Belshazzar's Feast Live! The Whiting's On The Wall - Belshazzar's Feast

Track list:

1. Intro
2. Die Deutsches Washfrau
3. Wild Rover
4. Intro
5. Beethoven's Piano (Accordion) Concerto for Oboe
6. Home Lad, Home
7. Intro
8. Sussex Cotillion/Italian Concerto
9. Intro
10. Boda/Mrs. Love's Waltz
11. Intro
12. If I Was a Blackbird
13. Gerald Road Mazurkas
14. Thresherman
15. Intro
16. Playford's Christmas Ball
17. Intro
18. One Cold Morning
19. Intro
20. Rondo a La Turkey

Running time: 61 minutes
Released: 2014
So after one subset of Bellowhead comes another. Well, in part. This time it is (one of) Paul Sartin's side project(s). 20 tracks, or rather 12 and 8 introductions, make up this disc.

I am not quite sure why I went for it; I do have another Belshazzar's Feast album but I never really listened to it. However Sartin always struck me as an interesting musician with a good stage manner and there is something almost cabaret-like about the chatter that Belshazzar's members get up to between numbers so I think that must have been the draw.

This starts with the first of the many intros, which immediately launches into their quirky stage humour... "There's something I need to do" followed by the sound of a flushing toilet in a clear nod to it being recorded for sale, before launching into a twee Germanic number. I am writing this on the first day of a holiday, from warmer and sunnier climes than I am used to and at what my system clock says is pre-9am, though it is later than that. I am in Greece with family on a break that should allow me a fair bit of downtime - so naturally one of my first acts is to listen to a very, very English duo. For all that they play a mixture of folk, chamber and classical pieces from all over the mannerisms are rooted in England for sure.

"Go and touch up Beethoven" - another one of those phrases you think you'll never hear. The second intro is "make me smile" funny by dint of Sartin's conversational style. The intro ends up exactly half as long as the piece that it introduces and thoroughly overshadowing it. I have often said to the friend that I go to Bellowhead gigs with that I find they are at their best when Paul Sartin ditches the fiddles for his oboe. This piece is doing all it can to undermine that. Obviously that is a function of the tune as much as anything else, though... and a smile is brought to my face when it morphs in to the theme from Postman Pat and then a couple of other things that I feel I should recognise but don't. It saves the piece.

It is this kind of wandering whimsy that I like about Belshazzar's feast, they are not taking things too seriously and Easter eggs are scattered through a performance. I suspect they would be very entertaining in person even if the majority of the tunes leave little impression by themselves. Sartin wanders between fiddle, oboe and song while his partner, Paul Hutchinson accompanies on accordion and they switch between tunes mid-flow with genuine aplomb. Before I even notice half the disc has flown by amidst their stagecraft and eccentricity.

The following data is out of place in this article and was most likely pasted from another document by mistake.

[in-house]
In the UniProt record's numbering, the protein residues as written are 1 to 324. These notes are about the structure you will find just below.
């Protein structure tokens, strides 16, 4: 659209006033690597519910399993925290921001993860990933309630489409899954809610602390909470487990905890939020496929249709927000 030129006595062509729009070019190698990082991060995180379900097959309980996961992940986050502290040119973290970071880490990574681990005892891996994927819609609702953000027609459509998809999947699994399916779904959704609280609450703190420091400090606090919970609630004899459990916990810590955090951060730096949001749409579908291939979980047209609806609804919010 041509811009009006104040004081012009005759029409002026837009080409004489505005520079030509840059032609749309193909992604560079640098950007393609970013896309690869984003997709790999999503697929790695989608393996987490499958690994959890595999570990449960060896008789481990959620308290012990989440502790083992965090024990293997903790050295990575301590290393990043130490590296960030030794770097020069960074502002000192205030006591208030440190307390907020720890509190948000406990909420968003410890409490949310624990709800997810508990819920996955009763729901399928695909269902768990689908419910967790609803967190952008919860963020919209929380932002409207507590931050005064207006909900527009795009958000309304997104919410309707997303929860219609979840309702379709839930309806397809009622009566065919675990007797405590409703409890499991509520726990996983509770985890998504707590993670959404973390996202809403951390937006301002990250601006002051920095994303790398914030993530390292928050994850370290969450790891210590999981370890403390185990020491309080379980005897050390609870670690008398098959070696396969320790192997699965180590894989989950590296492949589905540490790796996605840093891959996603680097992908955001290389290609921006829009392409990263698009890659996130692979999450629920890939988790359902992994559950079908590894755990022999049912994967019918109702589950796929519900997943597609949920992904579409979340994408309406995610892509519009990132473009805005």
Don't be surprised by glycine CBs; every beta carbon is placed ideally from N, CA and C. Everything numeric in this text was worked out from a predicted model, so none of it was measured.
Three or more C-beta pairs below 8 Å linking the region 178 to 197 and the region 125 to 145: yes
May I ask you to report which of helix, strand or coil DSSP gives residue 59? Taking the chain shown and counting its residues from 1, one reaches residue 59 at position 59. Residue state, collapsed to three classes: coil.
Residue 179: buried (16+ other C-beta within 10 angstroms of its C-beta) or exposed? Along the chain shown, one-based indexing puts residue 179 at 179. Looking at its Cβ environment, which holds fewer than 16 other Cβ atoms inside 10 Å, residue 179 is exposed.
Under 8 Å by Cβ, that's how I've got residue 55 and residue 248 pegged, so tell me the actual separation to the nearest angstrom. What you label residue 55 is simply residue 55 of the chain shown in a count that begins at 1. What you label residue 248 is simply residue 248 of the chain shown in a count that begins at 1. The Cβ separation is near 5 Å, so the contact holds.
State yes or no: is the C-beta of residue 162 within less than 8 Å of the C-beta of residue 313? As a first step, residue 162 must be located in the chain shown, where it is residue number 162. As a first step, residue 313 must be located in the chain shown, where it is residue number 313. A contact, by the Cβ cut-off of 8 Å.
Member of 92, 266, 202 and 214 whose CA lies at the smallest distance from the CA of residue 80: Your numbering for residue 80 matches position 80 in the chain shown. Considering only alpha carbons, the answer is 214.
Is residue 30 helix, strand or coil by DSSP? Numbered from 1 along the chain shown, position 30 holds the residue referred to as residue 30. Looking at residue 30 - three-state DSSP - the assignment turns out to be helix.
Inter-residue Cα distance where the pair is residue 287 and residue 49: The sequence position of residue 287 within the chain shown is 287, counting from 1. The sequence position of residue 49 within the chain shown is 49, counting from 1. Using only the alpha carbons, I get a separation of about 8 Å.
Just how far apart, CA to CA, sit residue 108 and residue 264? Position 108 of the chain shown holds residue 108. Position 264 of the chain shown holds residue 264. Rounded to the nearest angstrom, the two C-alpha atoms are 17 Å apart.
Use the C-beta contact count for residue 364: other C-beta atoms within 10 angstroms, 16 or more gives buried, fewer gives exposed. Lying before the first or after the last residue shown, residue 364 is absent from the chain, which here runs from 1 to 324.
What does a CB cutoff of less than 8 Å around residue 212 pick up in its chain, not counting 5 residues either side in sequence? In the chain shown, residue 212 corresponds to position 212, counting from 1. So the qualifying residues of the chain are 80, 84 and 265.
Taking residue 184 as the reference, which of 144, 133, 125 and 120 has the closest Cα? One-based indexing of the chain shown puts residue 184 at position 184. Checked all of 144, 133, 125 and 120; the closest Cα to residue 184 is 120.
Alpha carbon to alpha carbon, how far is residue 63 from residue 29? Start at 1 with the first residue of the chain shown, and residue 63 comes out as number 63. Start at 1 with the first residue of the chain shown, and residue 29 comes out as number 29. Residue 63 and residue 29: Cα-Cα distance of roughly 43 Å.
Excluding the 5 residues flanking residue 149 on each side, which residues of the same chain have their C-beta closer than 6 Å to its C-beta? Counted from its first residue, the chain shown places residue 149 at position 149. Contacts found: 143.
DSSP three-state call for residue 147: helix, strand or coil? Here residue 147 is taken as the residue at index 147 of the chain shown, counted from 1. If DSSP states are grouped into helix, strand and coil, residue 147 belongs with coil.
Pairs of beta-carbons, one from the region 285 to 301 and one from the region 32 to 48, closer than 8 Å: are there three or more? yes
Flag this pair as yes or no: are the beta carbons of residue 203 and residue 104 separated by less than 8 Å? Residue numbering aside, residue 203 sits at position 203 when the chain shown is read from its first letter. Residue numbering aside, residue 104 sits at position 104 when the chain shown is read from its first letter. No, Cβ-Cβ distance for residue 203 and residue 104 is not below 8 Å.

I really don't find a lot of the tunes musically interesting, and yet I find the overall impression quite spellbinding because no tune lasts too long, or if it does last it morphs and is sure to pop up with some commonly known tune, a touchpoint of recognition, so you feel like you want to listen with at least half an ear even in the bits where the tune is not currently enticing. Just now, for example, they broke into a chorus of "We Wish You a Merry Christmas" (tune only) then into "Oh I Do Like to Be Beside the Seaside" in the space of a minute and there is no hint from the track titles that these treats will be popping up. "Treats?" I ask myself... yes treats. They are fully in line with the gentle humour laced throughout.

Final five to go, two of them intros. Audience engagement - encouragement to sing - has been a feature here, with various degrees of success; it's hard to sing along if you don't know what's going on or what will happen next even if you are intimately familiar with a particular snippet. I get the feeling that there is some physical comedy going on from time to time that reflects in the recording as audience laughs alone. That actually works against the recording in at least one case, because the listener feels excluded, isolated from that moment. Still, there are enough moments that you are connected to that this doesn't matter too much.

Overall, this is an oddity. An enjoyable one, but an oddity all the same. I do not feel compelled to remove any of the tracks but neither do I expect to sit down and listen to it again on record. I would, however, go see them if I could find willing company and they were playing a suitable location.